December 10, 2012

Perhaps Be Cursed By Other People

Excerpt from Chapter 42 of From Third World to First: The Singapore Story: 1965 - 2000 by Lee Kuan Yew, published by HarperCollins Publishers, 2000:

When I met his tutor at his graduation, he told me that Loong (Lee Hsien Loong, current Prime Minister of Singapore and the eldest son of Lee Kuan Yew) had written him a most rational, thorough, and thoughtful letter explaining why he would not go on with mathematics no matter how good he was at it. Later, I asked his tutor for a copy of this letter that Loong had sent him in August 1972:

"Now the reasons for not becoming a professional mathematician. It is absolutely necessary that I remain in Singapore, whatever I do, not only because in my special position if I "brain-drained" overseas the effect on Singapore would be disastrously demoralising, but also because Singapore is where I belong and where I want to be. ... Further, a mathematician really has little say in what goes on in the world around him, in the way things are going on in the country. This does not matter at all in a large developed country like Britain, but in Singapore it would matter very much to me. It does not mean that I have to go into politics, but an important member of the civil service or the armed forces is in a position to do a great deal of good or harm. ... I would prefer to be doing things and perhaps be cursed by other people than have to curse at someone else and not be able to do any more."

He was then only 20 but he knew his mind and where his commitments were.

November 4, 2012

Don't Be A Pushover

PUSH sign seen on 58th Street 
between Park Avenue and Madison 
Avenue in New York City.
Photograph courtesy Pak So and Anna Tan

As we cautiously approach the 2012 United States presidential election, don't become a pushover for falsehood and deception. 

PUSH .... Push Back Hard against those who will lie through their teeth in order to control you, your family and your loved ones. They will steal any hope you have left for dignity and a future.

YouTube video posted by inscrutable67 
showing speech on democracy from The Dictator 

Excerpt from the 2012 film The Dictator, starring Sacha Baron Cohen as Admiral General Aladeen of the fictional Republic of Wadiya:

"Why are you guys so anti-dictators? Imagine if America was a dictatorship. You could let one percent (1 %) of the people have all the nation's wealth. You could help your rich friends get richer by cutting their taxes and bailing them out when they gamble and lose. You could ignore the needs of the poor for health care and education. Your media would appear free, but would secretly be controlled by one person and his family. You could wiretap phones. You could torture foreign prisoners. You could have rigged elections. You could lie about why you go to war. You could fill your prisons with one particular racial group and no one would complain. You could use the media to scare the people into supporting policies that are against their interests. I know this is hard for you Americans to imagine, but please try."

Push Hard sign seen at Kobeyaki on 7th Ave.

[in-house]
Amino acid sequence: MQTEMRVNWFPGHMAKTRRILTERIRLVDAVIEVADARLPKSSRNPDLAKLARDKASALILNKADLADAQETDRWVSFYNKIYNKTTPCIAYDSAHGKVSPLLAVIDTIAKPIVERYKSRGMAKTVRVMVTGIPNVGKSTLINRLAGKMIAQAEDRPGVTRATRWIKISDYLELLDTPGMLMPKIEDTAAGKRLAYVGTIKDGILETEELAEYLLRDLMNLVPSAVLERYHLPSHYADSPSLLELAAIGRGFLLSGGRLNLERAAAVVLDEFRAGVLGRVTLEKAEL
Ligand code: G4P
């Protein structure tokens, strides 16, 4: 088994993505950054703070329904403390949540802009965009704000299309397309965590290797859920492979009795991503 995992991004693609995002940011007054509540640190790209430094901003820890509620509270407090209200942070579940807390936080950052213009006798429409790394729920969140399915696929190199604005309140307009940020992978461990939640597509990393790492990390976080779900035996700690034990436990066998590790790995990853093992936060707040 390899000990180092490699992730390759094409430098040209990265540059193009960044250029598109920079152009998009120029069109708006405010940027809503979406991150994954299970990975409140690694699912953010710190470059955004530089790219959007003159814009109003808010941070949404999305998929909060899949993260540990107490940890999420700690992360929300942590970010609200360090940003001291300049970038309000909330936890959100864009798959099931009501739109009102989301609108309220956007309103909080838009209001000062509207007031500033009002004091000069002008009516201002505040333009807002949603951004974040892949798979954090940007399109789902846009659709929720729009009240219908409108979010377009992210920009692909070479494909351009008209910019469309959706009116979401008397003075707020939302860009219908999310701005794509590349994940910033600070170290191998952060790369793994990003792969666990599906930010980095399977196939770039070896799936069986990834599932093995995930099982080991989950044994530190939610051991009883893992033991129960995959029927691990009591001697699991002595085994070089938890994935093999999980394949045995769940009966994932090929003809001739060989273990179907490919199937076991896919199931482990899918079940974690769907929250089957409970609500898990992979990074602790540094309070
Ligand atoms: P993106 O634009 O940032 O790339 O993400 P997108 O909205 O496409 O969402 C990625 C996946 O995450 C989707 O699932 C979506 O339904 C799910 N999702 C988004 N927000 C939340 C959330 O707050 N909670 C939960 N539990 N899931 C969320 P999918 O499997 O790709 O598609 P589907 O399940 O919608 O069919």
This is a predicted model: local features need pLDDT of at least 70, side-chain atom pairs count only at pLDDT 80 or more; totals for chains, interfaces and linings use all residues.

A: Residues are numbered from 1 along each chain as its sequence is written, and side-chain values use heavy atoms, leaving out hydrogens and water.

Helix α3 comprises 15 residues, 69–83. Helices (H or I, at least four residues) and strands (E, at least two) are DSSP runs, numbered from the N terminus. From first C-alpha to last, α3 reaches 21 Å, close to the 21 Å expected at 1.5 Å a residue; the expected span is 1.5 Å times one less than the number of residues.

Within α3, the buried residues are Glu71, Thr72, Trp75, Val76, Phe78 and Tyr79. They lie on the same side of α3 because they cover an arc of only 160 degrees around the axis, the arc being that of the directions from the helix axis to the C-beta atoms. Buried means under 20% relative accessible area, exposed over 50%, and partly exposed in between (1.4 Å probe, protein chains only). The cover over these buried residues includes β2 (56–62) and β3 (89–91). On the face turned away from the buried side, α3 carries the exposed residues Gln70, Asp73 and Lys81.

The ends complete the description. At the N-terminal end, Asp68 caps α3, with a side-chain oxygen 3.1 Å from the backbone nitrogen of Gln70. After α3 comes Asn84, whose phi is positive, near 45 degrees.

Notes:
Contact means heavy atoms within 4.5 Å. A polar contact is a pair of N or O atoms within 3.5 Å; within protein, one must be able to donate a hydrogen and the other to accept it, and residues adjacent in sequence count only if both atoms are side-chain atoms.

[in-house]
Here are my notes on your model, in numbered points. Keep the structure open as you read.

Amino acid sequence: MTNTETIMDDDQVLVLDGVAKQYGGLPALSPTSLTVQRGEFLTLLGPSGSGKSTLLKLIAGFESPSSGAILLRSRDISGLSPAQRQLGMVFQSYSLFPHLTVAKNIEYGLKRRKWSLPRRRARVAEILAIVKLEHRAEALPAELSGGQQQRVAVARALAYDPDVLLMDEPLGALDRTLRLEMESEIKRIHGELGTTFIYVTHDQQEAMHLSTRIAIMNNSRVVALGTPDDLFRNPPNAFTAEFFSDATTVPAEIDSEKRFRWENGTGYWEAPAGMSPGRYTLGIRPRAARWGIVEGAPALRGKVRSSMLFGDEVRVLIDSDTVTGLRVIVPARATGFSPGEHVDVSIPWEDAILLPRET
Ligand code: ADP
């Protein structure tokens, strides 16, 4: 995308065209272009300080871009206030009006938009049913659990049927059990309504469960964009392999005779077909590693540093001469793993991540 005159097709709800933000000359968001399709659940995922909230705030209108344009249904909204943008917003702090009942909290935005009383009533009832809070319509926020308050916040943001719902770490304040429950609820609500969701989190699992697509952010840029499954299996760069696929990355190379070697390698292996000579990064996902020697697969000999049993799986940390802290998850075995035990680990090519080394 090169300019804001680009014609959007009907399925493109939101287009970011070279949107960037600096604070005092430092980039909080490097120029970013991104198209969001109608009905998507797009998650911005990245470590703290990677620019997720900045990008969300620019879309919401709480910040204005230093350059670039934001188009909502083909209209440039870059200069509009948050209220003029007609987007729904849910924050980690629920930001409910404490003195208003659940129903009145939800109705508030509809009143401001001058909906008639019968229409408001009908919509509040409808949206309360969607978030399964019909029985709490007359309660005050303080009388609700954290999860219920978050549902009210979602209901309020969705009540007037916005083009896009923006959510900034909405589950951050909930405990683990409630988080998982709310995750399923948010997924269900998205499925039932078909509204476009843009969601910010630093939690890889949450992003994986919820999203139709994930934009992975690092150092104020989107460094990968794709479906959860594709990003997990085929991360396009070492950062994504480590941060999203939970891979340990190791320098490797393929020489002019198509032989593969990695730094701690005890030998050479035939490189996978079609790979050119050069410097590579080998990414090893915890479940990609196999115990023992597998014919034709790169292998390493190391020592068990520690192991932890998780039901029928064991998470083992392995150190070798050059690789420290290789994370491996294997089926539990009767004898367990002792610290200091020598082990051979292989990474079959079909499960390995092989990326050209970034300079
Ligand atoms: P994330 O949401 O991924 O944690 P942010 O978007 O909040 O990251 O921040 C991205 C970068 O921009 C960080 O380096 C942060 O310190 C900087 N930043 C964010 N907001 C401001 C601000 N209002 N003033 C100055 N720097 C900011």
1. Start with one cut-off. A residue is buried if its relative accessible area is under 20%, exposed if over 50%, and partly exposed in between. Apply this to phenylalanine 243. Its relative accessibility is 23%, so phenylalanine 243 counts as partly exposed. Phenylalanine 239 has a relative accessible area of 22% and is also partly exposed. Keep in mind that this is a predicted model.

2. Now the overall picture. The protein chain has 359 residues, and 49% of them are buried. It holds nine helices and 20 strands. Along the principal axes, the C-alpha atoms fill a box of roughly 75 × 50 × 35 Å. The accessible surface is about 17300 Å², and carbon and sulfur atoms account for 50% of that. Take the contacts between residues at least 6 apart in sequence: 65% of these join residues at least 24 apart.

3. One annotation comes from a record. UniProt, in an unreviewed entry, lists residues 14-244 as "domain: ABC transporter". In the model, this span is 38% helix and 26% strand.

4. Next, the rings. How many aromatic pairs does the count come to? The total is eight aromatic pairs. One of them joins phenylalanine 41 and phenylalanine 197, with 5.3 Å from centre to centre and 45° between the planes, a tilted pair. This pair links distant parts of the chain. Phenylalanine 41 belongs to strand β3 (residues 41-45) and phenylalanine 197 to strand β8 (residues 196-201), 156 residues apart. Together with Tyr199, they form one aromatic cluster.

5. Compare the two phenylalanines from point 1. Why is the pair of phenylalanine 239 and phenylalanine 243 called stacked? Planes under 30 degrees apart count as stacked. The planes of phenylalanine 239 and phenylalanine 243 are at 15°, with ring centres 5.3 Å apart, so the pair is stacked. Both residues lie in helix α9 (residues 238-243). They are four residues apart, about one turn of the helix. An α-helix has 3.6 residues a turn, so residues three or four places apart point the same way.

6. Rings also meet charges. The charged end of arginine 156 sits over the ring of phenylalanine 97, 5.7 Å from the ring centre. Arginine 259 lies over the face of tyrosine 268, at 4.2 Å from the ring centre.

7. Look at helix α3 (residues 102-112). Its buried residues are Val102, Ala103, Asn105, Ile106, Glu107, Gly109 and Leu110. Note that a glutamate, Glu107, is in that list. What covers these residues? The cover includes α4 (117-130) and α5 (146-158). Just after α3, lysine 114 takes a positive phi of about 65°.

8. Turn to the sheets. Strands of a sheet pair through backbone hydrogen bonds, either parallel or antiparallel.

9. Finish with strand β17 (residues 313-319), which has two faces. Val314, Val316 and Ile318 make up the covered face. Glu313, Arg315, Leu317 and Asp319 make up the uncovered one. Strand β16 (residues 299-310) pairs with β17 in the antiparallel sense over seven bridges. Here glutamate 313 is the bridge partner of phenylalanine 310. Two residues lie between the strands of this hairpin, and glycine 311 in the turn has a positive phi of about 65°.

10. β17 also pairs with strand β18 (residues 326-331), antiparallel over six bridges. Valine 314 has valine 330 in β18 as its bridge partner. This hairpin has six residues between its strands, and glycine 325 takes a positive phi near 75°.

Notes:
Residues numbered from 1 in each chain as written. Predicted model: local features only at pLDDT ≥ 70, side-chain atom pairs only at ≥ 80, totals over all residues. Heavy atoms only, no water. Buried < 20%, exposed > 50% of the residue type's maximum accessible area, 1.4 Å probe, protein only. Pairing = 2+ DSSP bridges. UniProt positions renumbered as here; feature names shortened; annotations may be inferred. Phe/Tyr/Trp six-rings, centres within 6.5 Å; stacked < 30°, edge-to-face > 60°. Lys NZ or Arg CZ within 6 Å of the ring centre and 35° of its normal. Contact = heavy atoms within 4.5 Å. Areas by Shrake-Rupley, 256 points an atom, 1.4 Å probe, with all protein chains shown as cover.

between 26th and 27th Streets in New York City
Photograph courtesy Pak So and Anna Tan

October 14, 2012

Childishness and Control

YouTube video posted by movieclips showing 
an excerpt from Paul Thomas Anderson's 
2007 film There Will Be Blood 
starring Daniel Day-Lewis and Paul Dano

As reported by Rebecca J. Rosen in an October 7, 2012 article for the Atlantic titled Einstein Letter Calling Biblical Stories 'Pretty Childish' To Be Auctioned On eBay:

On January 3, 1954 -- one year before his death -- Albert Einstein wrote a letter to Eric B. Gutkind ...

In the letter, Einstein offers some pointed and characteristically brief thoughts on God and religion. In a key passage, he writes:

The word God is for me nothing more than the expression and product of human weaknesses, the Bible a collection of honorable, but still primitive legends which are nevertheless pretty childish. No interpretation no matter how subtle can (for me) change this. These subtilised interpretations are highly manifold according to their nature and have almost nothing to do with the original text.

October 1, 2012

Inner Peace AND External Peace

Inner Peace Coming Soon sign 
seen on West 24th Street 
in New York City.
Photograph courtesy Pak So and Anna Tan

Prime Minister Benjamin Netanyahu of Israel 
holding bomb diagram at the United Nations 
General Assembly on September 27, 2012.
Photograph courtesy Reuters

Excerpts below from The Foreign Policy Divide by Roger Cohen, published in the October 1, 2012 edition of The New York Times:

In the vision of President Barack Obama, America is now in the status-management business: being realistic about its power the better to exercise and preserve it. As for Mitt Romney, he belongs to Putin's school of foreign policy. The status quo he believes in is that of three decades ago. In this regard he is a closet Russian even as he denounces Moscow.

And so, for Romney, Russia is "without question our number one geopolitical foe," just like during the Cold War. He is "guided by one overwhelming conviction and passion: this century must be an American century," like the century that saw the Cold War.

In the name of U.S. domination, America needs to throw its weight around, maintaining or increasing Pentagon budgets, refusing to talk to the Taliban, confronting China, giving Israel a green light to attack Iran, and generally being unabashed about U.S. might.

It seems the devastating cost of America's post-9/11 wars has not dawned on Romney; nor has what they say about a world where U.S. power is unrivaled but insufficient for the United States to impose its will.

Romney's vision, like Putin's is pure nostalgia. It imagines a world that is gone. Of course the clarion call of American greatness can be a distraction from economic difficulty, but Americans have grown wary of adventure.